All fingers are not equal true true!

The okada came to a stop just by the side of the road. Peter dismounted and paid the okada. The bike noisily clambered along the sand strip before it joined the main road.
Peter dusted the grains of sand that had clung to his trousers during the undulating ride along one of Lagos’ finest pathways.

He took a look at the road. Good. The traffic was gradually building up. He looked at his watch, a Seckiko, his pal Jude had given it to him in lieu of the N1,000 he owed him. Cheap rubbish, the thing had begun to fade. Anyway that was not his problem today. It was 4:30pm and he had arrived early.

He took out his handkerchief and wiped his face. The sun was slowly going down but still doing its job. Well, he had his to do. He swung his satchel to the front of his waist and removed his fez cap from it. Hat on head, he rolled up his sleeves. Someone whistled in his direction. He looked up and saw Chidi, one of the competition.

“Pally, how far?” Chidi said in greeting.
“I just dey come o.”
“How your people?”
“Dem dey, we thank God.”

Peter wasn’t sure he was happy that Chidi got there before him but sometimes it was not about the early bird but about who had the sharpest eyes and his eyes were sharper than Chidi’s.

Peter brought out his stash from his satchel and quickly checked it. Everything was okay. He took a look at the oncoming traffic and when it slowed down a bit he darted in. He unrolled his dummy cards and looked for prospects.

He had spent an hour and was making good sales, roughly N12,500. He wiped his brow again. Looking neat was important in this business. One had to look presentable and responsible especially when it came to those girls. Yes, the ones in their new SUVs and Korean cars, looking like they did not fart. They were heavy buyers as against the men who mostly bought in N500s.

He heard a car horn. He quickly turned. It was the blue Passat that had just passed. Indecisive people, didn’t they see him before? He ran after it. The driver wound down and showed a one thousand naira note. Zain he guessed. He caught up with the car as it slowed down.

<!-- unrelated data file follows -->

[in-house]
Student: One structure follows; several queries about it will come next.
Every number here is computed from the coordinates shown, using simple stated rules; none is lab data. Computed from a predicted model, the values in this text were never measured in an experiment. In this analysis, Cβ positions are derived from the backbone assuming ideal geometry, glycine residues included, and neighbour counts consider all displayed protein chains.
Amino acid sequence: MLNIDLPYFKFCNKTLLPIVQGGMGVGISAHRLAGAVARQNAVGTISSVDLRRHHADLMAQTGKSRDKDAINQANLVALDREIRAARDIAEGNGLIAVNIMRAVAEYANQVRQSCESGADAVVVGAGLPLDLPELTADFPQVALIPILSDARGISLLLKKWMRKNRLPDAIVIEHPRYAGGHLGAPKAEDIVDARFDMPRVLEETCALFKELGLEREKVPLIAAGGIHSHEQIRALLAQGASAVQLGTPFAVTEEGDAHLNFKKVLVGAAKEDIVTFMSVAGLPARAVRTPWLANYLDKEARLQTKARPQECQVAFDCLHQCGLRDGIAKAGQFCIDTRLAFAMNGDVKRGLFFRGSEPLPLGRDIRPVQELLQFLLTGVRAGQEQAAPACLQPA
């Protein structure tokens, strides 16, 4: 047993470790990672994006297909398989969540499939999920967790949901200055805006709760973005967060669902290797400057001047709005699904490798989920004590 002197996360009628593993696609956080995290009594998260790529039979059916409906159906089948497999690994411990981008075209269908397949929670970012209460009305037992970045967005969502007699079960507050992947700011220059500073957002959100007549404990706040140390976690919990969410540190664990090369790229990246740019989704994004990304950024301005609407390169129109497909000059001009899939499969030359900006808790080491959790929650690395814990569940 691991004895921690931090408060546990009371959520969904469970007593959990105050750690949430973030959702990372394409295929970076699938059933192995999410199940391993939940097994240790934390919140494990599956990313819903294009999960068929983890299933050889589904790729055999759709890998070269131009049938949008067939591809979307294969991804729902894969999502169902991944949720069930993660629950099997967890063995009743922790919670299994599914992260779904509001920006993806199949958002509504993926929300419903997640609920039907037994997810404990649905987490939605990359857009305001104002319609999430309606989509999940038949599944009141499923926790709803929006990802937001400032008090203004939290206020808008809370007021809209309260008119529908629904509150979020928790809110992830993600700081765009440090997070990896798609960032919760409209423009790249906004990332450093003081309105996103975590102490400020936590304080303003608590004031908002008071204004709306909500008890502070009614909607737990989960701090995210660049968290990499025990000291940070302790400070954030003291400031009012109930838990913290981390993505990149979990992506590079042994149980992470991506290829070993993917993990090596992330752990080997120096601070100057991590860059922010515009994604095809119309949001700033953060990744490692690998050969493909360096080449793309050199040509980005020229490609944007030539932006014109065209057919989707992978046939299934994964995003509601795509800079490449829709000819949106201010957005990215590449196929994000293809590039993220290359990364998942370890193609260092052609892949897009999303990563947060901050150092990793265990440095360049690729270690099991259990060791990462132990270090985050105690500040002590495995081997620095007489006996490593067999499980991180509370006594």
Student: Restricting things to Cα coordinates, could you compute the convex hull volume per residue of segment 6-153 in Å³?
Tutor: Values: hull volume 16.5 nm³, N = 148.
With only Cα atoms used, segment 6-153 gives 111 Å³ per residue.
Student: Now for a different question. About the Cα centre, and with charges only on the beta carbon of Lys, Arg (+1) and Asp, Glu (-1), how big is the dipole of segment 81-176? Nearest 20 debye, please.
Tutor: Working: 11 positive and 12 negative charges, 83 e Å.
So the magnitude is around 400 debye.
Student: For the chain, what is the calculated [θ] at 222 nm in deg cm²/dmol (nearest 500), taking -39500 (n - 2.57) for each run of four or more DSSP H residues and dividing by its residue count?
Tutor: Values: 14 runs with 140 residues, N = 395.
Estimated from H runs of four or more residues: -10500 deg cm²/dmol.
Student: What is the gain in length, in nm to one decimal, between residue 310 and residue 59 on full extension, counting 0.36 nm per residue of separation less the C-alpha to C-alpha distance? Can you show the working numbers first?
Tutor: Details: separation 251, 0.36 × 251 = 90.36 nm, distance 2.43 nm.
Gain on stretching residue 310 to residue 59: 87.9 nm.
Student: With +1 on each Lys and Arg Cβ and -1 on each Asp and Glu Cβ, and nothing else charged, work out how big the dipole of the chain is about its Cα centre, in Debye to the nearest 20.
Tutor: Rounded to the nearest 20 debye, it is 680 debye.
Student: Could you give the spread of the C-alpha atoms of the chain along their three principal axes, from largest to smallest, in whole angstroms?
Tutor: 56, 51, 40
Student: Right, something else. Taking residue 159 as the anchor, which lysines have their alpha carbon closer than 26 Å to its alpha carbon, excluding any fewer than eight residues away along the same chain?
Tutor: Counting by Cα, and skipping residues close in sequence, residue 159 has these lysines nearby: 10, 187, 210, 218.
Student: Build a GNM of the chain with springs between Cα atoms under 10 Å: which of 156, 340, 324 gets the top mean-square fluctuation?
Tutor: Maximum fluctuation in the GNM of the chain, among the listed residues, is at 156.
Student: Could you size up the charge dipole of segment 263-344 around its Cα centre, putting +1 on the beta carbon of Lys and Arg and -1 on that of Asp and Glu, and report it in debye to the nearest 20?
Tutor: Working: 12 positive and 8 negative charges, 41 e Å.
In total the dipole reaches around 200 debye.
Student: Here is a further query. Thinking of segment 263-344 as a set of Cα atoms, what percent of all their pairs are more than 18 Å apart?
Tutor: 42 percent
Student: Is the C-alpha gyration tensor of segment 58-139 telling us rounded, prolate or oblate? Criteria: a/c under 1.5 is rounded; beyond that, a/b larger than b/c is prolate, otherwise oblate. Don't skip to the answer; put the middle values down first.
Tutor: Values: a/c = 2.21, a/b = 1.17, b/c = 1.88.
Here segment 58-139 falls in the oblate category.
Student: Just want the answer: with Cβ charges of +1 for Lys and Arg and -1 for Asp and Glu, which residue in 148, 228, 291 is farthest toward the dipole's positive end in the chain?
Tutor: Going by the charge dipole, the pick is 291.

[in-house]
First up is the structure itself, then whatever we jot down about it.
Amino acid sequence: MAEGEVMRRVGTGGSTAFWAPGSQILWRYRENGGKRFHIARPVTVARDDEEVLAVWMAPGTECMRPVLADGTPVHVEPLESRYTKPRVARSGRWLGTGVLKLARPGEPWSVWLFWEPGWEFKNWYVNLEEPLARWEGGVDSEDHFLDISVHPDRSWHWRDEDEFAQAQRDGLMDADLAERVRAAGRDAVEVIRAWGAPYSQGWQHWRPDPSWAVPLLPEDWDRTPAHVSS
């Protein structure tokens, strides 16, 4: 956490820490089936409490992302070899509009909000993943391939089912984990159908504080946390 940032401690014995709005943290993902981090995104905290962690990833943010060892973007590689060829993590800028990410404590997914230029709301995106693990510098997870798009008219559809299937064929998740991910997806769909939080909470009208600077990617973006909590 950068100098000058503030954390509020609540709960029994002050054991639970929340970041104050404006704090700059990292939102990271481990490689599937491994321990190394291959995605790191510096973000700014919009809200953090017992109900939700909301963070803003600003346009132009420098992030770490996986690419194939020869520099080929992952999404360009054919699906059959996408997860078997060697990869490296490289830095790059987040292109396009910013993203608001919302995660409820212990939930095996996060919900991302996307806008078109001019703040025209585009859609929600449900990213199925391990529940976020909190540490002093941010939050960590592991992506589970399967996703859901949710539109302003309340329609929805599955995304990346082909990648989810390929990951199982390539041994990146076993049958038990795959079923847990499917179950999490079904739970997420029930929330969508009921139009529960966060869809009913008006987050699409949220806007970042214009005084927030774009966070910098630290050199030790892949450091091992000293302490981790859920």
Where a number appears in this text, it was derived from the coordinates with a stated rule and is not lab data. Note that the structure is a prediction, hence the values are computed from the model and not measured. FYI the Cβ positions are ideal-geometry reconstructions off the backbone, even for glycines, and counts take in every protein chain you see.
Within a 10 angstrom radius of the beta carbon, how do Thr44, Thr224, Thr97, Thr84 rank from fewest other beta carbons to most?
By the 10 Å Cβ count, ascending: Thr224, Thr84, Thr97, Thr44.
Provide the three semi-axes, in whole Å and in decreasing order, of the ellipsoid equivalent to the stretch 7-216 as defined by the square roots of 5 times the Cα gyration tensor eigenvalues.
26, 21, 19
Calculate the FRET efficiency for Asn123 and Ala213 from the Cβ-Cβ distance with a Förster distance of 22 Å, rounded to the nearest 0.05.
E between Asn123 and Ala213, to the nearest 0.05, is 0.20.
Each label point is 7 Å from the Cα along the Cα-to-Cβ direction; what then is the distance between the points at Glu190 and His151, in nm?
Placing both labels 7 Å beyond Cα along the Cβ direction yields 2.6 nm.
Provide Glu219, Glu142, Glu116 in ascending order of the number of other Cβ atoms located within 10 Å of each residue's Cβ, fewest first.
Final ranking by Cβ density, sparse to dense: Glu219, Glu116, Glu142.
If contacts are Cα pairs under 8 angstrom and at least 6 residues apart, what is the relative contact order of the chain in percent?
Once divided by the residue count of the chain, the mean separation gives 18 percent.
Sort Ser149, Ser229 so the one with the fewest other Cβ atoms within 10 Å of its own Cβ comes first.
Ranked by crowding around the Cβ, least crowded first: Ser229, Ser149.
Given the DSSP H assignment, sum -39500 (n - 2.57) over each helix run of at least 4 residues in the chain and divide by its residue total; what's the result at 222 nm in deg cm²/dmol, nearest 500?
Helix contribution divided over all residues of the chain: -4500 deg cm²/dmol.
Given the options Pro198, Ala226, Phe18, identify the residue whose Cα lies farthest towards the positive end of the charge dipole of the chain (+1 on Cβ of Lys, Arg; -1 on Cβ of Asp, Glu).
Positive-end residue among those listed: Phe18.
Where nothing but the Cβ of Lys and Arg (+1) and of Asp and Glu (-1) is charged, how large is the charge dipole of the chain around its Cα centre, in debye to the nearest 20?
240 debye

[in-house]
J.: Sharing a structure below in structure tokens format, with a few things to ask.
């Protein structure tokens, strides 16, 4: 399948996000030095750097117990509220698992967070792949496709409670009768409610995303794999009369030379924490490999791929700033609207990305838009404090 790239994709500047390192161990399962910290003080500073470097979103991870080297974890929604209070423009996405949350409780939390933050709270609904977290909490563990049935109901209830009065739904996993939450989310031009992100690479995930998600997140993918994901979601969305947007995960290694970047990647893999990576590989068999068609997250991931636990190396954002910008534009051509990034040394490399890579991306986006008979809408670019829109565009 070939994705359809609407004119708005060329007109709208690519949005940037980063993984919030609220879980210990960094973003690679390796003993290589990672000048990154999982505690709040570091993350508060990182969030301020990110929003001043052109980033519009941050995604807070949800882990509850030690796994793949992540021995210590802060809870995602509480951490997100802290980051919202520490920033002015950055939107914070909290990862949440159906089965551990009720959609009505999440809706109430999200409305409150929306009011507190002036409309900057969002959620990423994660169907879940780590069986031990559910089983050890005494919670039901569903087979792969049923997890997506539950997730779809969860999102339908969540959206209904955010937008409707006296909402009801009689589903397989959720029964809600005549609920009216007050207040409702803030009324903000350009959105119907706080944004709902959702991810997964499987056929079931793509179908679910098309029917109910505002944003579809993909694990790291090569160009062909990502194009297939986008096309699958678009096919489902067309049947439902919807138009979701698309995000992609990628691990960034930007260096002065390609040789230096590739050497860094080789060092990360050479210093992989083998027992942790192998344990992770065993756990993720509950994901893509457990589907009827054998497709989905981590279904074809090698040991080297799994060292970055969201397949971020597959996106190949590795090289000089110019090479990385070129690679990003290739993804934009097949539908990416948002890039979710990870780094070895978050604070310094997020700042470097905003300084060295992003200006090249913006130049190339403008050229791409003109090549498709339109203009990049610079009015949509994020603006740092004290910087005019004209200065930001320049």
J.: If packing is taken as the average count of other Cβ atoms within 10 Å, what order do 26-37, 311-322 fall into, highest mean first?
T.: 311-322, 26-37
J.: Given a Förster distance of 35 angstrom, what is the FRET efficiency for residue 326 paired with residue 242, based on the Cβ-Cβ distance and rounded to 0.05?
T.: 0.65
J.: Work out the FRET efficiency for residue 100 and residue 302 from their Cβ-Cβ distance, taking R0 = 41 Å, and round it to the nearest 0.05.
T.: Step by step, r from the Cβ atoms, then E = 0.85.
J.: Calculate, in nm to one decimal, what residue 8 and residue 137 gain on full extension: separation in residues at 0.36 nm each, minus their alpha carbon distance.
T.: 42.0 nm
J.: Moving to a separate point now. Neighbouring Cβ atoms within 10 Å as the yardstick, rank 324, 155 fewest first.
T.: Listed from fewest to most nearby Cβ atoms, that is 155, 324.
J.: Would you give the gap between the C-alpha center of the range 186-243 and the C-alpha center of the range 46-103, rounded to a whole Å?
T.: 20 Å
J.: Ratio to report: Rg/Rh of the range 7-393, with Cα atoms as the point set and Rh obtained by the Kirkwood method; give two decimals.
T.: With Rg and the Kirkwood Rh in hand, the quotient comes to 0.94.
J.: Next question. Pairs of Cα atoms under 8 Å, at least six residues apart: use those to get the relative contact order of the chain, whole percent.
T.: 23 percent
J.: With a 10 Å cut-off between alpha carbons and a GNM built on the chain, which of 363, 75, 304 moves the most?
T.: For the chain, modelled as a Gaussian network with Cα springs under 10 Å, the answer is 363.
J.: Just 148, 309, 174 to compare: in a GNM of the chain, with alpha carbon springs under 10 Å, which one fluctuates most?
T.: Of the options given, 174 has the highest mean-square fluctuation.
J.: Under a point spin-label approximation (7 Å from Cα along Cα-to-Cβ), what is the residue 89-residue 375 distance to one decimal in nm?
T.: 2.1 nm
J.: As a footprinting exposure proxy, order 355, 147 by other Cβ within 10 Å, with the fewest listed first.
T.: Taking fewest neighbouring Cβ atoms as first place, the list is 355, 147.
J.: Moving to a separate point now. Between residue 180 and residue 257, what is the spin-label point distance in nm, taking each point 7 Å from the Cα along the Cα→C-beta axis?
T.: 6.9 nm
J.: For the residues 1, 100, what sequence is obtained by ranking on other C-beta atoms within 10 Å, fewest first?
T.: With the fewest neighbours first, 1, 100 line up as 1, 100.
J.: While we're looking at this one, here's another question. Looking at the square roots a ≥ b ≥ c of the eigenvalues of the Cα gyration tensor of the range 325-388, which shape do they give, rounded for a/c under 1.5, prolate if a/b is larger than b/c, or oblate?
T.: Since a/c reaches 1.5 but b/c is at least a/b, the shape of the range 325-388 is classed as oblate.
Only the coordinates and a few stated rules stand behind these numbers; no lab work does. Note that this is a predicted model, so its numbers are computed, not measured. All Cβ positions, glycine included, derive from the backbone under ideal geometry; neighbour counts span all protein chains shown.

“Please, give me one Celtel, one thousand.” He guessed right. He was getting good at this. He could predict within a good degree of accuracy the network provider a particular person wanted to buy.

Ssssiii! He looked up. A woman in a danfo was beckoning to him. Mmm…. Glo, five hundred. He crossed to the other lane just missing an okada man. “You no dey see?!” the okada man spat at he whizzed by. “You sef, you blind?!” he shot back.
“Abeg, give me Glo, five hundred.” Another satisfied customer.

Where was Chidi? He searched. He spied Chidi further down the road trying to pick up the ones he had missed. It was getting dark and he was thirsty too. He saw Sunny the guy selling drinks. “Sunny, you get water for there?” “No o, e don finish, na only soft drinks remain.” No, that was above his budget. He would look out for the other guys who sold drinks.

He really could not afford to be reckless with his money. Especially now that Helen, his girlfriend had told him she was pregnant! Chei! God had caught him! It had been a surprise to him but he had taken it like a man. It must have been those few times they did it without a condom. Na wa! Just like that? Well, he was a strong man, a goal scorer.

What would he do for money now? He needed more money. In a few months a baby would come and preparations had to be made for his first child, a boy… or a girl? Fear gripped him suddenly… maybe twins?! Ah no o! He wasn’t looking for a brace or a hat trick! He offered a silent prayer. He would have to accommodate Helen, and eventually perform the marriage rites. See wetin person come find for Lagos!

He considered his options as he was almost hit by another okada. Mmm… maybe he could buy a bike and rent it out. He had no interest riding it himself. The wahala was too much and he had witnessed a few okada accidents. Not a pretty sight. Option one.